Richard Branson of Virgin Group is speaking out about the fake bitcoin scam stories that impersonate him to scam people out of their money.
“Beware of fake Bitcoin scam stories” – By Richard Branson
Bitcoin-related online scams aren’t anything new, though using the name of the celebrities or well-known individuals surely seems to be the trend. Last month, BBC’s Dragon Den’s Deborah Meaden and Martin Lewis of MoneySavingExpert were used to dupe people out of their money.
The latest addition to this list is Virgin Group founder Sir Richard Branson who calls out to the bitcoin-related online scams that have been using his name to endorse their treachery.
Voicing out his concerns, he stated in a blog post titled “Beware of Fake Bitcoin Scams”:
“I have written several times warning people about the growing problem of fake stories online linking me to get-rich-quick schemes, fake pages, misleading ads, false endorsements, and fake binary trading schemes.”
Talking about the worrying fake stories currently surfacing online are the false endorsements of bitcoin trading schemes, he further added: “While I have often commented on the potential benefits of genuine bitcoin developments, I absolutely do not endorse these fake bitcoin stories.”
These fake articles often go with titles like “quitting your job and yours truly investing in bitcoin financial tech”, notices Branson, which is published by sites that impersonate renowned news outlets like CNN to look legitimate.
Be vigilant, use only legitimate sites
The British Magnate further explains: “You may come across these sites via links advertised on various social media sites and paid for ads. They link through to scam sites like Bitcoin Trader, and also feature fake endorsements by the likes of Bill Gates alongside myself.”
“Our legal teams work hard to take down these fake stories or companies misrepresenting us. In the last year we’ve dealt with hundreds of instances. We are doing all we can and the police also work tirelessly to shut down the major operations.” he informs his readers. They are also contacting the “social networks where the fake stories are being spread” and get them down along with “proactively stop them appearing in the first place.”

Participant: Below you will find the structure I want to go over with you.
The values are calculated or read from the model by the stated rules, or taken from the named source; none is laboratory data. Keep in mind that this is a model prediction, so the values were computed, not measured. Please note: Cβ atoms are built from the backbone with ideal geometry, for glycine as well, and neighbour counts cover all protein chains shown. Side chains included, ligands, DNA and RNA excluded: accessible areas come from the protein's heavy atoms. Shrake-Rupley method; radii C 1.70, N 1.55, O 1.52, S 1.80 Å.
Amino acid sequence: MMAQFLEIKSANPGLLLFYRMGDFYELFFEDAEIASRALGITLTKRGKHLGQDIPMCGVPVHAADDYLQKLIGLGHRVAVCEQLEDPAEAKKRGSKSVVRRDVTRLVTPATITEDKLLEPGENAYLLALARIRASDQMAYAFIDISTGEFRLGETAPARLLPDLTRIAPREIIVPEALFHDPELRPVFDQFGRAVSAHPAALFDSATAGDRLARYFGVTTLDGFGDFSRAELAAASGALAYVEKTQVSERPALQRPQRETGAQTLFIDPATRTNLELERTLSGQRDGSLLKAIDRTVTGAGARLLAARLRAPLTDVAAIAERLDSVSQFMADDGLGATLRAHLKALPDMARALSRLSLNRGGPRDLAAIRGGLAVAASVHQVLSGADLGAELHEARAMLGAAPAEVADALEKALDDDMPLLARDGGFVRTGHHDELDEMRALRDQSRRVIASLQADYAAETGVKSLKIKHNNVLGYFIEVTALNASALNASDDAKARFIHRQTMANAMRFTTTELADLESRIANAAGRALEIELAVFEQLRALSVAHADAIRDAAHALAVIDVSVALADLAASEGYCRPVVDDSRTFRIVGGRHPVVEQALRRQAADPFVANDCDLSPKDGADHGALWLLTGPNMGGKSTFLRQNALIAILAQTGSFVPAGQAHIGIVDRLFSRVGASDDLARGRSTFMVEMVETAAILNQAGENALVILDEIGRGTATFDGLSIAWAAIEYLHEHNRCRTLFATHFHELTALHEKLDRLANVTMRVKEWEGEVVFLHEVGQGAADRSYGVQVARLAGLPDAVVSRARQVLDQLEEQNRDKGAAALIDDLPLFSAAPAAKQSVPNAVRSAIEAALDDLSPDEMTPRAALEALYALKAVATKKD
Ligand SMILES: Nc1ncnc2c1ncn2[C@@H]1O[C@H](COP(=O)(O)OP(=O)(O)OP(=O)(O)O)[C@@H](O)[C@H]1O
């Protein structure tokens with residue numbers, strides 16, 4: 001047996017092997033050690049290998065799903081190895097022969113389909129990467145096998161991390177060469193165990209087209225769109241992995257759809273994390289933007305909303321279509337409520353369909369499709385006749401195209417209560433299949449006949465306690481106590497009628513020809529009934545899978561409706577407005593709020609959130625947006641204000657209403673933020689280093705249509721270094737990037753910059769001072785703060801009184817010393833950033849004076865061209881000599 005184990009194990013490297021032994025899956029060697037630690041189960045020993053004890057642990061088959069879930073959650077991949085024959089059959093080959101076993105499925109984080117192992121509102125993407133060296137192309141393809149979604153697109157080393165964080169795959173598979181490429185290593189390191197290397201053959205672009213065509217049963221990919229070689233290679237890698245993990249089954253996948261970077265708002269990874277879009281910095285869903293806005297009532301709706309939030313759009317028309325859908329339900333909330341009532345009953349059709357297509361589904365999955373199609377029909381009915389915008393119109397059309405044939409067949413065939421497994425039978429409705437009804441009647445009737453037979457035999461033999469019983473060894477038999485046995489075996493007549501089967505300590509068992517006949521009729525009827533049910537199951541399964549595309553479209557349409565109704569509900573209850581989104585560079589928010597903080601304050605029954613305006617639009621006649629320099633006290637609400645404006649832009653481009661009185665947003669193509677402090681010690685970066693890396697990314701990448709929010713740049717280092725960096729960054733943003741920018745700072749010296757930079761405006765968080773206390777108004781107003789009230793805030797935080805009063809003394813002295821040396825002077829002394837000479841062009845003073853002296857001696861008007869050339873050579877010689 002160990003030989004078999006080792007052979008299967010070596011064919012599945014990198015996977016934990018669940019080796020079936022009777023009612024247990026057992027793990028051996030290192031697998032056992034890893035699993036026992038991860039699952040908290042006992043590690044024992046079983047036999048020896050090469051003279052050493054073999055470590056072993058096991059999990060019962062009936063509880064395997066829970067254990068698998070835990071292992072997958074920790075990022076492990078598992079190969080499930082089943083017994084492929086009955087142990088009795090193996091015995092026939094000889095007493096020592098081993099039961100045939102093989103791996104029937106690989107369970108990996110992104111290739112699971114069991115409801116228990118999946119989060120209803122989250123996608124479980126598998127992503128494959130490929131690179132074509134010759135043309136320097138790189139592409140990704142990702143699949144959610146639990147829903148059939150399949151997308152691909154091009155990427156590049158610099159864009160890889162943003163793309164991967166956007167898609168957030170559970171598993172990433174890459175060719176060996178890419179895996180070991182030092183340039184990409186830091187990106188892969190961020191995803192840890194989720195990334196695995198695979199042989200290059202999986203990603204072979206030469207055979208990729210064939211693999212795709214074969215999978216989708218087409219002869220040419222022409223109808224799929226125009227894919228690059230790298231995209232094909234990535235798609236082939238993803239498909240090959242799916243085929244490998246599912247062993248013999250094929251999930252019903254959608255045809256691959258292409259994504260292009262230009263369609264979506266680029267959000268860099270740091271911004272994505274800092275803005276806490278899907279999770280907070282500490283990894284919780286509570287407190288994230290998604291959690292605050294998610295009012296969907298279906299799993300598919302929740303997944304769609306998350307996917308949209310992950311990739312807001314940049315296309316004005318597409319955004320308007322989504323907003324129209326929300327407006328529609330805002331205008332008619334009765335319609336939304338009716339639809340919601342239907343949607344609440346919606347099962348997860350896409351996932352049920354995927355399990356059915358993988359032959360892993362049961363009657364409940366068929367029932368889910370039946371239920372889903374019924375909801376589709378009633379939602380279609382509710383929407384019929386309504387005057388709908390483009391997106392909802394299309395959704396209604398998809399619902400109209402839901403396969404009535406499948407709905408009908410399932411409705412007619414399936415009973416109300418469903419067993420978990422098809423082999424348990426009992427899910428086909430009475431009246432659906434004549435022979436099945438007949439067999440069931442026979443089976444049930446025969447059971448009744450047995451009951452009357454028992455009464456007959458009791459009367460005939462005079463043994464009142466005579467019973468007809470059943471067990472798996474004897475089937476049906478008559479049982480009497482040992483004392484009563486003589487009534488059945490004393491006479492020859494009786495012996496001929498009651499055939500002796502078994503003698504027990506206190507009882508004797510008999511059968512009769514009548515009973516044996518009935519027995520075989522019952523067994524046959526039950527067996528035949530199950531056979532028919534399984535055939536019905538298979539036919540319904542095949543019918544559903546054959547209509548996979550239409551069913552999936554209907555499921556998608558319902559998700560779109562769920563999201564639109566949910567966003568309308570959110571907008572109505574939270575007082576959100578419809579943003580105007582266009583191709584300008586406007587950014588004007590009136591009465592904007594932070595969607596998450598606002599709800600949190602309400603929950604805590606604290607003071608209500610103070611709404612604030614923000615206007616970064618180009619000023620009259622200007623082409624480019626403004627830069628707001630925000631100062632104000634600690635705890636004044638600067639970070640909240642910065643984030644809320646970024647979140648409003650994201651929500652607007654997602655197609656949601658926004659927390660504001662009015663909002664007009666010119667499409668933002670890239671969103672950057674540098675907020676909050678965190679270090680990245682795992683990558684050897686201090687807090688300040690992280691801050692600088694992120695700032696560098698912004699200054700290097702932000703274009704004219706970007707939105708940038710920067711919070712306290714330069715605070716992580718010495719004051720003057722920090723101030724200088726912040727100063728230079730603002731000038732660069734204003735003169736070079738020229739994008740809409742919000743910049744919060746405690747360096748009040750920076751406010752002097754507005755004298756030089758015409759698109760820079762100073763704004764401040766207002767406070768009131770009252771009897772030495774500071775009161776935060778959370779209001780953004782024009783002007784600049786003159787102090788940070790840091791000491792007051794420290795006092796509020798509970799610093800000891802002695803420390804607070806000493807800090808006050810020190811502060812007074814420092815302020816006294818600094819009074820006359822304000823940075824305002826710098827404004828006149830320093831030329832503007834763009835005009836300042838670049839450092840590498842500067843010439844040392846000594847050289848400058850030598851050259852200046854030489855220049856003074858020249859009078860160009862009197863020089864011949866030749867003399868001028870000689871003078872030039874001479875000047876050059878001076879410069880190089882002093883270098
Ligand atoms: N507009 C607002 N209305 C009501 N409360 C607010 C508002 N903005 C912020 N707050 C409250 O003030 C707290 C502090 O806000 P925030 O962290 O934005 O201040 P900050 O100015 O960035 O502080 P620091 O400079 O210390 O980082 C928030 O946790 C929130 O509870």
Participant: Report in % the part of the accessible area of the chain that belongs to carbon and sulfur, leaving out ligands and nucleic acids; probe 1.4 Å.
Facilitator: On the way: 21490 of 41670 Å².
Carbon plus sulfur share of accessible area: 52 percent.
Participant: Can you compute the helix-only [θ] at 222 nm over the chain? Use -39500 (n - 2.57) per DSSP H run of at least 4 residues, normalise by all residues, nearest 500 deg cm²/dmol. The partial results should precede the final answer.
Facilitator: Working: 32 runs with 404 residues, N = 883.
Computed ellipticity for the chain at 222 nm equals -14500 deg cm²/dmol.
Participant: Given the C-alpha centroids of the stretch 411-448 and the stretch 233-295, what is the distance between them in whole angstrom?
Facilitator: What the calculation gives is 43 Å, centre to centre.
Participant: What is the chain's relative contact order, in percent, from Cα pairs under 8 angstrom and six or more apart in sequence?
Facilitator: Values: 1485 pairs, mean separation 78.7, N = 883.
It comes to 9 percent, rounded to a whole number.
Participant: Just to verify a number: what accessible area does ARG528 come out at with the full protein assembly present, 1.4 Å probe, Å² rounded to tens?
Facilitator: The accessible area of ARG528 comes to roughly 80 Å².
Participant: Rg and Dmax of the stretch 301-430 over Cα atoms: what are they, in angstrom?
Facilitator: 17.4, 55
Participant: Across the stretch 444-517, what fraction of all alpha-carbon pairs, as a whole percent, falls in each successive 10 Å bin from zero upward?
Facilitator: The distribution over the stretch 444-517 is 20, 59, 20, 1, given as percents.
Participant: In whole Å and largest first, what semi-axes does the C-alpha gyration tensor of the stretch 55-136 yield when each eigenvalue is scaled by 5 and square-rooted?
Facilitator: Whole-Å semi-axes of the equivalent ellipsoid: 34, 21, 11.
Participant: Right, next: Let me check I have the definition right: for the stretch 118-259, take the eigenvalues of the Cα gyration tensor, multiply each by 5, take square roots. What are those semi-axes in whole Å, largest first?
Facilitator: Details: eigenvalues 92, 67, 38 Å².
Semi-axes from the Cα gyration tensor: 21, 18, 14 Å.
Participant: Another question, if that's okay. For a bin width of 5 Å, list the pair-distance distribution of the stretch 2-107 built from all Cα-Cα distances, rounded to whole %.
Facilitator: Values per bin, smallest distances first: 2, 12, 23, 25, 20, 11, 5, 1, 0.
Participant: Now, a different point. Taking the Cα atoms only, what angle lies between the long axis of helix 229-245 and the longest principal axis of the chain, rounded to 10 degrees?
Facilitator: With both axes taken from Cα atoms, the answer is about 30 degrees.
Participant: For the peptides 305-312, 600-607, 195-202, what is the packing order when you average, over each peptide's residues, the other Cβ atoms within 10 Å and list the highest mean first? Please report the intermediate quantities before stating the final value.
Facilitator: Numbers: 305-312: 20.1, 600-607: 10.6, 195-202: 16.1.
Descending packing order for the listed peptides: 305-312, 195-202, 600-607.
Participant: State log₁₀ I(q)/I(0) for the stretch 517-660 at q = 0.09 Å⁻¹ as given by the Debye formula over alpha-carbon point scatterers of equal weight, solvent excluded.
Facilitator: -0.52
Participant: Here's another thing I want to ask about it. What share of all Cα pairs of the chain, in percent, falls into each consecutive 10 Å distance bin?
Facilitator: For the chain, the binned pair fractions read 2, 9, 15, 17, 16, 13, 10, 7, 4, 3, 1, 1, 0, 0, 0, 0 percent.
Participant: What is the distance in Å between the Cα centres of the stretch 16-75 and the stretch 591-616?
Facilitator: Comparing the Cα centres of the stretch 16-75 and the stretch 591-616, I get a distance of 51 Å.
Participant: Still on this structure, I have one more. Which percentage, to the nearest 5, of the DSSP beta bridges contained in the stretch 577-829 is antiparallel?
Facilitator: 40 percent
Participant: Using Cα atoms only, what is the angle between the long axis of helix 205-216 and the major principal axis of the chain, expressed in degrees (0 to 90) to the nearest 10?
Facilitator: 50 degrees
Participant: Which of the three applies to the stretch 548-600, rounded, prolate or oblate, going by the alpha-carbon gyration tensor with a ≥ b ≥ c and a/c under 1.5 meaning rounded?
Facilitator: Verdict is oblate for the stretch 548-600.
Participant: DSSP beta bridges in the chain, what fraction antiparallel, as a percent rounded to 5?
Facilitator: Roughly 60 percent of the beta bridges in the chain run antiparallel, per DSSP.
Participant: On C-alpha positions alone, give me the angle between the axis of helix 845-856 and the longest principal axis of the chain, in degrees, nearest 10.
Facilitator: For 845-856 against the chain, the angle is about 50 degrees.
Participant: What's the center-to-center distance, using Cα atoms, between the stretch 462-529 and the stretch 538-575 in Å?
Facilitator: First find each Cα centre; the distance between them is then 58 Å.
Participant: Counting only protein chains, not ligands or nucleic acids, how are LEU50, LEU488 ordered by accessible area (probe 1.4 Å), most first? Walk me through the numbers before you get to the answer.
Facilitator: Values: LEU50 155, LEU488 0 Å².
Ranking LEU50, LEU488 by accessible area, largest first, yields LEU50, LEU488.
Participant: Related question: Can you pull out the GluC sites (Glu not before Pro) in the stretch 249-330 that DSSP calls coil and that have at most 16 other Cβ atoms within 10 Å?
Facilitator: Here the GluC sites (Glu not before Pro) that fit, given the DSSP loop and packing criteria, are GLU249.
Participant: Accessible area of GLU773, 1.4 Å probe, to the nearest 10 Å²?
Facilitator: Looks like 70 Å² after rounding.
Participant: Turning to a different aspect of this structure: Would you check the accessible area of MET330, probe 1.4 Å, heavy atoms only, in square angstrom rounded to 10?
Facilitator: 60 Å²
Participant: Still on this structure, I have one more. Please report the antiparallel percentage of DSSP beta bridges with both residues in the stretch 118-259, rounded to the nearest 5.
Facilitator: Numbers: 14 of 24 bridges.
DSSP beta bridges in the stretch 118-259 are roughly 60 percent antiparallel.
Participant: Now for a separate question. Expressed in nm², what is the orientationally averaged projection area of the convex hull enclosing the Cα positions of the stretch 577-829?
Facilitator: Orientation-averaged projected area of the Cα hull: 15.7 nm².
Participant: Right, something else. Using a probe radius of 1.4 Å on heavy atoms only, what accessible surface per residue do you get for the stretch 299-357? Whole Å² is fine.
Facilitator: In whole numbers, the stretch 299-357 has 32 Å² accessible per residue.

Richard asks people to be vigilant with “check you are only clicking through to legitimate sites, with official website addresses and verified social media accounts. A simple check to do is to see if the story you are reading comes from an official Virgin website.” He then adds, “my blog is here, on virgin.com, and all of my social networks are verified with blue ticks, so you can tell it is really me communicating with you.”
Recently, Martin Lewis also spoke out on the fake website using his name and photo to scam people. He even stated that he will take legal action against Facebook, on which the fake ads were published and accused the popular channel of lack of vigilance.
What do you think of the growing number of bitcoin scams impersonating famous people? What measures social media platforms like Facebook can take against these fake stories? Share your thoughts with us!